Prefixes tell us a lot about the meaning of a word but there are some pairs that sound the same or similar and look pretty similar too and so they are confusing. In the next few posts I'm going to look at some of these tricky pairs to help with spelling long words.
Anti- and ante-
Anti- means against. So we have anticlockwise (but counterclockwise in US English), antivirus, antiperspirant, antidepressant, antiseptic, antibiotic. And we can add can also add anti- to other words to create new words. You may hear people talk about someone being anti-technology or anti-Obama.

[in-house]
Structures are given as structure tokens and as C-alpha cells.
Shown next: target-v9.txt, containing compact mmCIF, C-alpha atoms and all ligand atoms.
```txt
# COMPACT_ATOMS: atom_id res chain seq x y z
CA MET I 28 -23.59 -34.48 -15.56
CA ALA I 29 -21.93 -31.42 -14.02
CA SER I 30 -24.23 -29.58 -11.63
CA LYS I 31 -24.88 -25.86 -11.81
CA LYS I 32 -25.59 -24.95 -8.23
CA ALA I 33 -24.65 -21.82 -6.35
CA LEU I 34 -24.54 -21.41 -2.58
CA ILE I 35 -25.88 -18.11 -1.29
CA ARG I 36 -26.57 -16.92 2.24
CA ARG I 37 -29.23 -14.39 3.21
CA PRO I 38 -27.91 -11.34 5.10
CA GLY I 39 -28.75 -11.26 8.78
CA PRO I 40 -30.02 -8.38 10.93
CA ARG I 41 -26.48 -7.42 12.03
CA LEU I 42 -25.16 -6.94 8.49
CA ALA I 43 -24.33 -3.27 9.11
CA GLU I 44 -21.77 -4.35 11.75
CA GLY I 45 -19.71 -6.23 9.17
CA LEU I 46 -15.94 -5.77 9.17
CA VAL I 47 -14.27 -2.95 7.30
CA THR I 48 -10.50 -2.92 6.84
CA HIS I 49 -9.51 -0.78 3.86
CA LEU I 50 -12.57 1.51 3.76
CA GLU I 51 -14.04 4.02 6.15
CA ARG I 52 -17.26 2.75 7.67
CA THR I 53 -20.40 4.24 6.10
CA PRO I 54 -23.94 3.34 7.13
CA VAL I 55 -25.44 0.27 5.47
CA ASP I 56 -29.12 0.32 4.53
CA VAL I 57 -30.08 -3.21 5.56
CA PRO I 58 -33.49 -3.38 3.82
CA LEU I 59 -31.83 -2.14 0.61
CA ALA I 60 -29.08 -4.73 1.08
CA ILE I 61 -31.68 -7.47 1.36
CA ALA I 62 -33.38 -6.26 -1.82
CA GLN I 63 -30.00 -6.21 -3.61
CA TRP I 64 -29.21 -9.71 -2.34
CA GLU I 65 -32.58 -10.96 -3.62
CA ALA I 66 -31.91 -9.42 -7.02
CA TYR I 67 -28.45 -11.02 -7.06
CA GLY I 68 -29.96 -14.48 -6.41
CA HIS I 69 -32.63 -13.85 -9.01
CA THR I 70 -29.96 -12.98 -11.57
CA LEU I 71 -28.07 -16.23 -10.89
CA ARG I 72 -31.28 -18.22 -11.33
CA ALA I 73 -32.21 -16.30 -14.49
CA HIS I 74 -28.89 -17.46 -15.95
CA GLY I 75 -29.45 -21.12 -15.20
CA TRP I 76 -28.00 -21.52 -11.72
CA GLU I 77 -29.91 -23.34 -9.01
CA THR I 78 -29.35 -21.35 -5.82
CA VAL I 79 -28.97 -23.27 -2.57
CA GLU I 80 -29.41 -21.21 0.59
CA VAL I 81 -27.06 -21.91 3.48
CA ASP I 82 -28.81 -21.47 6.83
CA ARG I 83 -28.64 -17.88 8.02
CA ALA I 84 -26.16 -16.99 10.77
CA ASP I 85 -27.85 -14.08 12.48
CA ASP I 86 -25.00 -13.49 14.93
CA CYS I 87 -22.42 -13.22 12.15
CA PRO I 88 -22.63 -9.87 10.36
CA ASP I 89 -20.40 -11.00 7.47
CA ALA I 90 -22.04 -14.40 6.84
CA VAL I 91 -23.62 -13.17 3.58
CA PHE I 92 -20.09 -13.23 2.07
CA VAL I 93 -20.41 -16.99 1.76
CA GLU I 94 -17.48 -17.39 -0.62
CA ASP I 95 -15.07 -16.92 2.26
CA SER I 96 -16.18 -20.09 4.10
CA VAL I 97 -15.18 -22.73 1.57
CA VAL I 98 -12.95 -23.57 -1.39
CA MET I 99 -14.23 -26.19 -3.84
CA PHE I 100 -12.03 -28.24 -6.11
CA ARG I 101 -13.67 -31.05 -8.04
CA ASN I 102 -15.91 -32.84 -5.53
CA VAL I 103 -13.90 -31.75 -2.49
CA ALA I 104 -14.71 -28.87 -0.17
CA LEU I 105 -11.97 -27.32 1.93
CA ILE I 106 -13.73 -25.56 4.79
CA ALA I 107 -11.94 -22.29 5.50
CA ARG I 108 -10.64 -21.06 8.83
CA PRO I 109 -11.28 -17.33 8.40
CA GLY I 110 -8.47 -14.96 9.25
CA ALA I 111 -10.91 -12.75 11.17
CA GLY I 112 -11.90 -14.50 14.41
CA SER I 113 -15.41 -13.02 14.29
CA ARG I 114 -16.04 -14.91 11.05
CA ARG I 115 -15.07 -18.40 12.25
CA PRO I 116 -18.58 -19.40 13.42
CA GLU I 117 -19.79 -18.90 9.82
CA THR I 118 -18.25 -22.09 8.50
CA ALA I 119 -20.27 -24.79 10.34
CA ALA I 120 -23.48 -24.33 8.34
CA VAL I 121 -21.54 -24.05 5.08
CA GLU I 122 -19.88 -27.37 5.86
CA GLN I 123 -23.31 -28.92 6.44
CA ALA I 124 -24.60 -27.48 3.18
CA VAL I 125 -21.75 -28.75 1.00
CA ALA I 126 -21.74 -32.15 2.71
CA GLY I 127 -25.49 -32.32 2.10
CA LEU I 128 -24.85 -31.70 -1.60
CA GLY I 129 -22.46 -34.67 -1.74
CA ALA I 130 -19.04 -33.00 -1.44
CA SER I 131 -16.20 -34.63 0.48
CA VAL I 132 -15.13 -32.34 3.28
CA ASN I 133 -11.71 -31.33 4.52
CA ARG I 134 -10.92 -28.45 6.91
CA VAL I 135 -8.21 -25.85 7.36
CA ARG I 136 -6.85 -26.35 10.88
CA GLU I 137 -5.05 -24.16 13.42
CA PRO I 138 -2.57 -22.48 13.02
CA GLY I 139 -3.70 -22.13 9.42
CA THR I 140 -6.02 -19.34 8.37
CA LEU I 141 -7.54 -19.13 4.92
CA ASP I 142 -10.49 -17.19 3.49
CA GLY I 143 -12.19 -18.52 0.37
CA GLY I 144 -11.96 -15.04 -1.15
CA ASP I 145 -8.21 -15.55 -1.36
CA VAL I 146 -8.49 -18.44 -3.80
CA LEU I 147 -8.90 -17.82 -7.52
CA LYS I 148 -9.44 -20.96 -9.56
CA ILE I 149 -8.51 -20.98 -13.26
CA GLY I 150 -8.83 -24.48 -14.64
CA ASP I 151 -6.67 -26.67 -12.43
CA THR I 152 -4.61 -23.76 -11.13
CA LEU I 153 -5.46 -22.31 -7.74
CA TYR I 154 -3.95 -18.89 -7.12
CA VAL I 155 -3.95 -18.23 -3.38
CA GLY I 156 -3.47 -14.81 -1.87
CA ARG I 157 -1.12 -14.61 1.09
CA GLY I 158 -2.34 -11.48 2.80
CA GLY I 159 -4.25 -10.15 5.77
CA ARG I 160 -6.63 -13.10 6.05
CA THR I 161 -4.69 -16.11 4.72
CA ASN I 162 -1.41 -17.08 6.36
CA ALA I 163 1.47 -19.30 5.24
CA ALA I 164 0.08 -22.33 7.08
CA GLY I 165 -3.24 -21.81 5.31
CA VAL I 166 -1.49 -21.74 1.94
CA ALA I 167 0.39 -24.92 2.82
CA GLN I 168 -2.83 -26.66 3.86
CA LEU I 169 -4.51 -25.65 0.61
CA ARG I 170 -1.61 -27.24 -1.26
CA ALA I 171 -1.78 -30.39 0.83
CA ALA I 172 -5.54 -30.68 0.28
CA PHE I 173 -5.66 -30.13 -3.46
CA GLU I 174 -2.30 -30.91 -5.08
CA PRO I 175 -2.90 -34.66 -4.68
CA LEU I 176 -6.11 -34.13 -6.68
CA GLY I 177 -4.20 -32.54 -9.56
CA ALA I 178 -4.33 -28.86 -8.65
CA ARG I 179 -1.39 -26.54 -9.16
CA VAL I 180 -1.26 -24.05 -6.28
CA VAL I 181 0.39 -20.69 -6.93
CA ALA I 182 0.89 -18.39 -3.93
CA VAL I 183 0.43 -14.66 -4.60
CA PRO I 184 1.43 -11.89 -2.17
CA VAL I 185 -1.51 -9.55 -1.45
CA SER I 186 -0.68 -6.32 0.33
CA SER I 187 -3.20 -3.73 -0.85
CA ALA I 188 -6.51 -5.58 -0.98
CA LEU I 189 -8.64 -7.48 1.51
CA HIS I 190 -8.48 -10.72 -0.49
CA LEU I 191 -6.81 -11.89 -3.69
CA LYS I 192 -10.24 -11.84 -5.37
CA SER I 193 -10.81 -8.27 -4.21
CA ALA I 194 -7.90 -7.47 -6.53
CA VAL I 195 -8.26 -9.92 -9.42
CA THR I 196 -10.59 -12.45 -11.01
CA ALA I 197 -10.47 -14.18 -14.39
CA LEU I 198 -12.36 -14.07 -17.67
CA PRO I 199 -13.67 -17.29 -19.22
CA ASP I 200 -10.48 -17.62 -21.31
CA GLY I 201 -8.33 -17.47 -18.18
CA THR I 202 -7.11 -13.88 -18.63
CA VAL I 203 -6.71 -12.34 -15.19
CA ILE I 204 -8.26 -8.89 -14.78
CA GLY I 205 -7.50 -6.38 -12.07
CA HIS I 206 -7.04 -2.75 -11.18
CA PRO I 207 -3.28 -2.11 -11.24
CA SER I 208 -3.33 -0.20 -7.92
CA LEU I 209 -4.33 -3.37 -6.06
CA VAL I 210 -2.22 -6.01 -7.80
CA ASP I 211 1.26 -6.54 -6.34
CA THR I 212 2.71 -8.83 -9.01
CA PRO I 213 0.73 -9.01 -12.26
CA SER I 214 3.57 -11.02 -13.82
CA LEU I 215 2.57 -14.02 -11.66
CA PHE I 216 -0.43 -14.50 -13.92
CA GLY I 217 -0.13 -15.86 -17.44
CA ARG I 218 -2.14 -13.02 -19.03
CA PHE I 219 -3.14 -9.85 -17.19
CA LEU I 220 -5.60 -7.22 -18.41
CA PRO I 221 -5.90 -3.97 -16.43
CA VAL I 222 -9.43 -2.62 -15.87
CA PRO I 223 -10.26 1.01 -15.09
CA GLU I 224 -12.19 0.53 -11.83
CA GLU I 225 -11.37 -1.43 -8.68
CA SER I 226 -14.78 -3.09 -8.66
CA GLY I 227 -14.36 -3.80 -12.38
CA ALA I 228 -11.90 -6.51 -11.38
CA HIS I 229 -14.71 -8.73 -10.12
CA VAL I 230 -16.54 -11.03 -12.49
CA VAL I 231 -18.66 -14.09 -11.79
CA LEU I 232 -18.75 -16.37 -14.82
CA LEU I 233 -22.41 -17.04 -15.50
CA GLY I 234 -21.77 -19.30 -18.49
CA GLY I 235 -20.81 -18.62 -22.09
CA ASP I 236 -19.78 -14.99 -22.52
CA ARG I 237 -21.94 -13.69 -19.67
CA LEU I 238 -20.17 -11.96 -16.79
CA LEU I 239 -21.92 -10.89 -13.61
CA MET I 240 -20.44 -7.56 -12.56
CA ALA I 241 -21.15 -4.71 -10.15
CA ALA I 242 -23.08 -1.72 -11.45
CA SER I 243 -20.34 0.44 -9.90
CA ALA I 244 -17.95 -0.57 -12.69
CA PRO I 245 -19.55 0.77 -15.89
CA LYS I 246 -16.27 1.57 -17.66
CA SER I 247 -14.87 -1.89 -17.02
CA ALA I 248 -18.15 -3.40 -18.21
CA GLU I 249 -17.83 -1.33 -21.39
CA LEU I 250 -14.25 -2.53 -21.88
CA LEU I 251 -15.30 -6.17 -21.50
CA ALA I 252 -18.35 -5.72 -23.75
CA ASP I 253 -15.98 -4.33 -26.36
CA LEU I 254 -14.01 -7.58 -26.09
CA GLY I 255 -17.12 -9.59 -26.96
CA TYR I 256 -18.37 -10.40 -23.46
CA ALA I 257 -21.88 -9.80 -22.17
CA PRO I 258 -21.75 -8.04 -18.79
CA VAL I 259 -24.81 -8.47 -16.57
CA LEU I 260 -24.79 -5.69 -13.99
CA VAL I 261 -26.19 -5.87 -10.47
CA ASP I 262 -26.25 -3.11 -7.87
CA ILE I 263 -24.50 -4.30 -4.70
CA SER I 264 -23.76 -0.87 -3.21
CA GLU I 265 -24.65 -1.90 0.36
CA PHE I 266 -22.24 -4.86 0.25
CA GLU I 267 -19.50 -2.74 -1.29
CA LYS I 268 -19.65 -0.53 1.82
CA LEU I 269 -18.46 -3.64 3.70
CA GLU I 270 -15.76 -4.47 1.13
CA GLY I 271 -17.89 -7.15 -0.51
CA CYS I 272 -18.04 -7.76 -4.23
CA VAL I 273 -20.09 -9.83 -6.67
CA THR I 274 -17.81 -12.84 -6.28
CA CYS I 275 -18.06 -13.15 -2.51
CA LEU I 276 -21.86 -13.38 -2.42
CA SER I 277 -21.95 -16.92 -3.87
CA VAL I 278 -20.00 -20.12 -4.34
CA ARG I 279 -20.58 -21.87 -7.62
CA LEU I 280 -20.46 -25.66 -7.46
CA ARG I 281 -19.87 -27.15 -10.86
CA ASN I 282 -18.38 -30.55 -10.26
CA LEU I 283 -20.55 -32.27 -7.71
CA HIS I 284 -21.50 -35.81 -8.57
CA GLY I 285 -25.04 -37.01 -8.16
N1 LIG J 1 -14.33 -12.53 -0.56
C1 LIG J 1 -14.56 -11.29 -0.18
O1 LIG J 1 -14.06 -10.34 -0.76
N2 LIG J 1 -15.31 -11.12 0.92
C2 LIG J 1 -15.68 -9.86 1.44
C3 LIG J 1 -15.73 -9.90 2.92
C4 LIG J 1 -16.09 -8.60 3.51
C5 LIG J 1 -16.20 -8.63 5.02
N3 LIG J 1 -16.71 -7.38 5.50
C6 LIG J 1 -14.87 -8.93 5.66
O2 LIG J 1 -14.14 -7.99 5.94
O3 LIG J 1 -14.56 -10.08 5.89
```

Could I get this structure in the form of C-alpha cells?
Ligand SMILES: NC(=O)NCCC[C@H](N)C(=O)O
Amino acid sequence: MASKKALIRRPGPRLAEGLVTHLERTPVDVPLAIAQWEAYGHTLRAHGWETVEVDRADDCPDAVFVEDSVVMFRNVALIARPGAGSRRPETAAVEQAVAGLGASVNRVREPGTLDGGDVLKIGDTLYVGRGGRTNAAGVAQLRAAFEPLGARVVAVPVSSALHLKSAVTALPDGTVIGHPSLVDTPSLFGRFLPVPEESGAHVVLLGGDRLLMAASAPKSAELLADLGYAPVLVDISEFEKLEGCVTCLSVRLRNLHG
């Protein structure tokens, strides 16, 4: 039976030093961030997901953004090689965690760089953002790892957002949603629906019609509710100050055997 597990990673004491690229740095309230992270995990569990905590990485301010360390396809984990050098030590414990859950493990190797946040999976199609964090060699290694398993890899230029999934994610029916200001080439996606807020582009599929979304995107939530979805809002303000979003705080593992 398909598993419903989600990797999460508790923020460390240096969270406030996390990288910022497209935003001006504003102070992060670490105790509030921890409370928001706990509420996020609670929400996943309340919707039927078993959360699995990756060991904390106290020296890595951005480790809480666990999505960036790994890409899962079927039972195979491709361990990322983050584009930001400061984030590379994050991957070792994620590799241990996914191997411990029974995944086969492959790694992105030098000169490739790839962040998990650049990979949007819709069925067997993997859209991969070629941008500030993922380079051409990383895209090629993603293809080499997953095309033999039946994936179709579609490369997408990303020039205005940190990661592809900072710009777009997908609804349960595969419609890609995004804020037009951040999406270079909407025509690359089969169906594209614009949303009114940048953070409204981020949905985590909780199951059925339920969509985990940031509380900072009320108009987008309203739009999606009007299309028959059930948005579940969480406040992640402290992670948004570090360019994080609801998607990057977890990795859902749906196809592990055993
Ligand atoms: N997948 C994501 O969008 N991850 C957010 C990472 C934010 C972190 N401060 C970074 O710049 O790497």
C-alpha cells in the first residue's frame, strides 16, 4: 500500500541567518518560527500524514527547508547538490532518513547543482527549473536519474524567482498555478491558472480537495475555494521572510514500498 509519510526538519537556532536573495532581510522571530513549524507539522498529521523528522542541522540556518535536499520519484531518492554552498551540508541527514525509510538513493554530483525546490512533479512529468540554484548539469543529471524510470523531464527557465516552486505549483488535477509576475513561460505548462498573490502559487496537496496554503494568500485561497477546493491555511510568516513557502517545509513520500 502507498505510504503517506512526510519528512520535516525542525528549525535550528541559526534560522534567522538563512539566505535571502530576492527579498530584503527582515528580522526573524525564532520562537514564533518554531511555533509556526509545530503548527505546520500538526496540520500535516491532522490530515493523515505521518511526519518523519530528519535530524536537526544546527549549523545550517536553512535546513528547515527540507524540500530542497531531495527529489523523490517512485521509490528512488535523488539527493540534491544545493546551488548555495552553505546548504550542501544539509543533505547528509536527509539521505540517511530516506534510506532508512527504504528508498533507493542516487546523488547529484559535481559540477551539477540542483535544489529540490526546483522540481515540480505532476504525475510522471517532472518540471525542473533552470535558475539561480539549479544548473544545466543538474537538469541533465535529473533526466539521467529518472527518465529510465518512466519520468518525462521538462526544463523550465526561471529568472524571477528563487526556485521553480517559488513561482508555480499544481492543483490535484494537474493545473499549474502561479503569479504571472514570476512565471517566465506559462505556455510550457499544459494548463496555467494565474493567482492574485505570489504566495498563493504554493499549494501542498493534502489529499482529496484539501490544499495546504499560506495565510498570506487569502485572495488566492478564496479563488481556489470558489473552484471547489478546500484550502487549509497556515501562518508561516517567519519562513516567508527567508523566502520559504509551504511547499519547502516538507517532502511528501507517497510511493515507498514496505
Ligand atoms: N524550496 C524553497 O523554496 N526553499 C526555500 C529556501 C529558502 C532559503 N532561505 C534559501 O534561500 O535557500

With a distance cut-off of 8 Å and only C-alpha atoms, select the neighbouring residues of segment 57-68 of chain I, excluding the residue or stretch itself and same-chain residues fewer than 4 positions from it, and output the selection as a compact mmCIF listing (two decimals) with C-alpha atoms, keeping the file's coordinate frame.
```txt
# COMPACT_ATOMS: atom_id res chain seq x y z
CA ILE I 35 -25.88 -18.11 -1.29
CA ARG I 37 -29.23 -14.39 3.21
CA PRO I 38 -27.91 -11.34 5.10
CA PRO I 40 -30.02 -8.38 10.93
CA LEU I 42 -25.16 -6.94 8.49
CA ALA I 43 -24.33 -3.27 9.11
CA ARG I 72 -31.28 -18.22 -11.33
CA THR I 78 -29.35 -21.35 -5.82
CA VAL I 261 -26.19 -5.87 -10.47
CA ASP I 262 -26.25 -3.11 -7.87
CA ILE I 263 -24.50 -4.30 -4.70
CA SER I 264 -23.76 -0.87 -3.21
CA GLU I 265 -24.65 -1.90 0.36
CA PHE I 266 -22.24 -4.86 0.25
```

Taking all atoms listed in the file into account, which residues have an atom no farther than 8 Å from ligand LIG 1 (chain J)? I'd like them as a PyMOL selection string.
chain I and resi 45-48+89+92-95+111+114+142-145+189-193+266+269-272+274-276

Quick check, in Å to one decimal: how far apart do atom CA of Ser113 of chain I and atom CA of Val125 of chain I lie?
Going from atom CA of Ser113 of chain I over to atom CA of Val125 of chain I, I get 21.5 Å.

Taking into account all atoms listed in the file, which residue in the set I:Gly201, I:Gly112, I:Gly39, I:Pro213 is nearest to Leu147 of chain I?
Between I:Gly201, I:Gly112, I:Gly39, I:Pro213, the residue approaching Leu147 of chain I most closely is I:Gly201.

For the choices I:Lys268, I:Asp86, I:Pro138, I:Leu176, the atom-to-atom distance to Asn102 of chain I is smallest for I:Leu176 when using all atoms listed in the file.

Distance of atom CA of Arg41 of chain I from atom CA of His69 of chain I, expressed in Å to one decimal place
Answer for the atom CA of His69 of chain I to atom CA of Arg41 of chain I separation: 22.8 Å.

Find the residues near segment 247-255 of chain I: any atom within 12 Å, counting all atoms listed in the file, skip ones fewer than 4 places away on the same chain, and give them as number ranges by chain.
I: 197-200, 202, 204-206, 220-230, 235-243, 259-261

What interesting anti-s have you heard or used lately? Leave a comment to tell us.
Ante-, on the other hand, means before, in time or position. So antepenultimate means the third from the end (before the penultimate); antenatal refers to something before a baby is born (when a woman is pregnant); an anteroom is a room where you may be asked to wait before going into another larger room leading off it.
Anti- is much more common that ante- and we don't usually make new words with ante-.
One last thing: when do we use a hyphen ( - ) between these prefixes and the base words? The rules of hyphenation are not very strict (different dictionaries give different answers). I haven't found any ante words with a hyphen. When adding anti, generally if the base word starts with a or i or a capital letter use a hyphen, otherwise don't. So an anti-ageing cream may contain antioxidants. And an antiracist would probably be anti-Nazi. New words that you make up or hear should probably be written with a hyphen if they haven't yet made it to a dictionary.